The CEO of Tokyo Games, Toshiro Muto, stated that vaccine is not mandatory of the postponed Summer Olympics and Paralympics (Image via

Toshiro Muto: Vaccines not mandatory ahead Tokyo Games 2022

On Friday last week, the CEO of Tokyo Games, Toshiro Muto, assured that the novel coronavirus (COVID-19) vaccine will not be mandatory to attend the postponed Summer Olympics. Due to the COVID-19 pandemics around the world, the Summer Olympics has been postponed to no later than next year. Muto's statement came after a meeting with the Japanese government's task force that consisted of government and Olympic officials and health experts. 

Muto confirmed that the International Olympic Committee (IOC) and the World Health Organization (WHO) also stated that the vaccine is not a "prerequisite". While nations are racing to be the first producing the most effective COVID-19 vaccine, Muto said that the vaccine is not necessarily a condition for the Summer Olympics and Paralympics.

Another meeting between officials and health experts are going to be held next month, discussing the athletes-related issues such as their arrival and immigration, COVID-19 testing, hygiene and safety measures for the Athletes' Village, and their loyal spectacles. The next problem for Japan is to bring the athletes from 206 territories where COVID-19 infections are vastly different.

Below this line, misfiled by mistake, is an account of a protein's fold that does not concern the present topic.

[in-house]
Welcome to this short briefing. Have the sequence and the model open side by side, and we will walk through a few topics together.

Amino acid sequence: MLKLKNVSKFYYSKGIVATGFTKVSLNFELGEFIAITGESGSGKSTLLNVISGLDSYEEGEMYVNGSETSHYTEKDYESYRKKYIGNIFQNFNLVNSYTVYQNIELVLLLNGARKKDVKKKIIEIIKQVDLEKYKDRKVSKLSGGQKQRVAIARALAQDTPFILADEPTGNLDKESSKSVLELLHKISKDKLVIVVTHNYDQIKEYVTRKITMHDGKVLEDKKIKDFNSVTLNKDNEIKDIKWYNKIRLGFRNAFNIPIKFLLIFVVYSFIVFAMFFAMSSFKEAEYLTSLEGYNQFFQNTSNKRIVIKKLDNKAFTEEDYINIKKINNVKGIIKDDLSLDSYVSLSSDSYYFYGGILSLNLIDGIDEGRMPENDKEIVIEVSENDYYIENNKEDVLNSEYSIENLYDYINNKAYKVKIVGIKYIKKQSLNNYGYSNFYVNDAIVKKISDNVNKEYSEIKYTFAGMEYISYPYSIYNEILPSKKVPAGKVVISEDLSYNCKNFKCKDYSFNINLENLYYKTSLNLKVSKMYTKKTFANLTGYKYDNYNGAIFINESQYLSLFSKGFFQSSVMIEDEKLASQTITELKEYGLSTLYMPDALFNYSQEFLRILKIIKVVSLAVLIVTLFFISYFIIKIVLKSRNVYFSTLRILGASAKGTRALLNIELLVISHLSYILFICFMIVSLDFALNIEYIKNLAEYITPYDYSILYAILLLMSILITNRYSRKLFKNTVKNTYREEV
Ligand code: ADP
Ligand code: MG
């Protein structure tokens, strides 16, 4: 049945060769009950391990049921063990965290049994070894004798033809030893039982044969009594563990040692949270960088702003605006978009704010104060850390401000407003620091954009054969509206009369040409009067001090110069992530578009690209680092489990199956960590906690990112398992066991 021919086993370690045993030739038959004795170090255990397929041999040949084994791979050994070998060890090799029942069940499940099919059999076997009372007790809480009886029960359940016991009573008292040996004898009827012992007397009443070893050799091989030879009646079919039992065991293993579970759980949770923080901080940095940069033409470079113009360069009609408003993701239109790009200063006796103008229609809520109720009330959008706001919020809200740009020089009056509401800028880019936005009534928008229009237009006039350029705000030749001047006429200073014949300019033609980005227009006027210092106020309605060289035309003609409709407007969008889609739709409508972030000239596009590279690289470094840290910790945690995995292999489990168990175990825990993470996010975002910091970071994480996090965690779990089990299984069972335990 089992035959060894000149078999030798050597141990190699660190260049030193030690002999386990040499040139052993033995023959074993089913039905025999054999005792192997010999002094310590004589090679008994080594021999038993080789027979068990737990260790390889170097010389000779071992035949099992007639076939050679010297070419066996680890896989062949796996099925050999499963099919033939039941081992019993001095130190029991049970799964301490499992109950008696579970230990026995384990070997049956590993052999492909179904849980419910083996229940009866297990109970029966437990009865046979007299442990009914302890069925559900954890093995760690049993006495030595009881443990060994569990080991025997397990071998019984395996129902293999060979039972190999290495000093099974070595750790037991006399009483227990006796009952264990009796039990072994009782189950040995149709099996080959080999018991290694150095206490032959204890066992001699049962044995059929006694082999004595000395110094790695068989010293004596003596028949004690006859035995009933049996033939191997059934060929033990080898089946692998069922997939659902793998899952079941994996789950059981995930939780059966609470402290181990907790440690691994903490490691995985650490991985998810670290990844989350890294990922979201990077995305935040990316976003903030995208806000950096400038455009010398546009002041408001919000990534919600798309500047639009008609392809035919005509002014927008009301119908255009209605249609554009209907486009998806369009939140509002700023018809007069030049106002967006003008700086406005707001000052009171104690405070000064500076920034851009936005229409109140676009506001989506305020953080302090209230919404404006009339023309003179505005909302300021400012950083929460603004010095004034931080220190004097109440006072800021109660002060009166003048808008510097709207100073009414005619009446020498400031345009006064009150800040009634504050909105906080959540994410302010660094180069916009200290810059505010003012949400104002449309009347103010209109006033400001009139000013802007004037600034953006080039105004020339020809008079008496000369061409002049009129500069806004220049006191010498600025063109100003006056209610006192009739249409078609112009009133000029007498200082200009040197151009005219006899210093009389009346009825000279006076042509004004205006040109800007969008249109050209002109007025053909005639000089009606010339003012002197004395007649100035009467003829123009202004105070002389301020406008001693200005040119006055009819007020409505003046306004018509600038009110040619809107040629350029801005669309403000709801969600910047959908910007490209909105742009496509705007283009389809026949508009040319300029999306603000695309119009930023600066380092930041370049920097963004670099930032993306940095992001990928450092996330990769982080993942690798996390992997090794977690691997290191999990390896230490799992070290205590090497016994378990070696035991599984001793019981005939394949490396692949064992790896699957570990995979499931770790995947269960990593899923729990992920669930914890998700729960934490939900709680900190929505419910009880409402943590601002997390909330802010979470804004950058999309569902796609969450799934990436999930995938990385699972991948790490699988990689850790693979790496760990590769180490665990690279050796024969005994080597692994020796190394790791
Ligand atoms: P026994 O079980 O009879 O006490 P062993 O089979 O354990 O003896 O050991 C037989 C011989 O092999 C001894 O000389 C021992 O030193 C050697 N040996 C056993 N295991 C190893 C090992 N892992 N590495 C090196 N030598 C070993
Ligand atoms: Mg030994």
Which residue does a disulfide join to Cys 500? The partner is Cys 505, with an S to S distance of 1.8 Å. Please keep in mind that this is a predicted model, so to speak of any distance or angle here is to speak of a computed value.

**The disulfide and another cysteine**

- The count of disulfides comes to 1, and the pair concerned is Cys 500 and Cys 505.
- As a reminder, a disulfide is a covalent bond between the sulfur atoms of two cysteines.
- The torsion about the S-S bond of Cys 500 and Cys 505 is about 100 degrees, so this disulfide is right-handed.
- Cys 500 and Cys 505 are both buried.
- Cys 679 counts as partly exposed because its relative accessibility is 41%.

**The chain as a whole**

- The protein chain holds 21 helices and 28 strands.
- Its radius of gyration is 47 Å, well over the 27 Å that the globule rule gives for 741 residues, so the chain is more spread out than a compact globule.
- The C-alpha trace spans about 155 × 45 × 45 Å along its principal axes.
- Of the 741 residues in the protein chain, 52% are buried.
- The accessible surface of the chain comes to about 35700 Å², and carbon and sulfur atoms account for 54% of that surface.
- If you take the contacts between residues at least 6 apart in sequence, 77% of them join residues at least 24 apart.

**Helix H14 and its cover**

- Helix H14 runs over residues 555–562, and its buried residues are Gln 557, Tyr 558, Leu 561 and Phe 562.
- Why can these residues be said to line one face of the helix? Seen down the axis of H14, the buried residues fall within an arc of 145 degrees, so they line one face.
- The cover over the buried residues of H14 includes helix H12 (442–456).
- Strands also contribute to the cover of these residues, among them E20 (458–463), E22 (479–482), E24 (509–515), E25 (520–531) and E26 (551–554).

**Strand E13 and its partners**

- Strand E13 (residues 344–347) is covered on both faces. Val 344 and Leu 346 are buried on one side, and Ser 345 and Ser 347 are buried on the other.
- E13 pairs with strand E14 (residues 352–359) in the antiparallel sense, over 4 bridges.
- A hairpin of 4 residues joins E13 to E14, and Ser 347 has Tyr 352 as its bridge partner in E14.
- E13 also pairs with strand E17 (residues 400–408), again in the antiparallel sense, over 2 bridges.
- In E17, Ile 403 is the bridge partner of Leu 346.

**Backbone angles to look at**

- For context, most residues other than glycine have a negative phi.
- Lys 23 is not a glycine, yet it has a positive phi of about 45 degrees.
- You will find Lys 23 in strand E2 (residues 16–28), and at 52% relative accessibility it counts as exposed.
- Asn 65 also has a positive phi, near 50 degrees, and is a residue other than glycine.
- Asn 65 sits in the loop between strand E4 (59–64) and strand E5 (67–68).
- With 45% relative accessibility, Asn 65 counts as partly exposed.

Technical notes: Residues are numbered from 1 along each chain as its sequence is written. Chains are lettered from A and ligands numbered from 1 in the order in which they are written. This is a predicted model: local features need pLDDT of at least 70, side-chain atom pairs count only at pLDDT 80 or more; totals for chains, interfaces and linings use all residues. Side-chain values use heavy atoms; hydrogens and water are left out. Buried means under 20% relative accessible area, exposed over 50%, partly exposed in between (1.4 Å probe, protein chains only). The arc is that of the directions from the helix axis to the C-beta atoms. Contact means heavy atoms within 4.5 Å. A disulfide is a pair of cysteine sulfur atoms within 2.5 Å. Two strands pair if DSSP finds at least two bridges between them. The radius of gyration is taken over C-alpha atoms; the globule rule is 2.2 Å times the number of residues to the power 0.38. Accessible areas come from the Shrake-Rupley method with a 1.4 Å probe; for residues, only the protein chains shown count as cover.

The summary of all five meetings is expected to be presented by the end of 2020. In fear of the "no spectacle" scenario, Muto only assured that spectacles will be allowed.

Due to the delay, Japan is facing two dilemmas: the enthusiasm of its people and the cost of the postponement. While the Japanese people favor another postponement or cancelation, IOC said that if the Summer Olympics keep on failing, then Japan needs to cancel it for good. That means billions of investments will end in vain.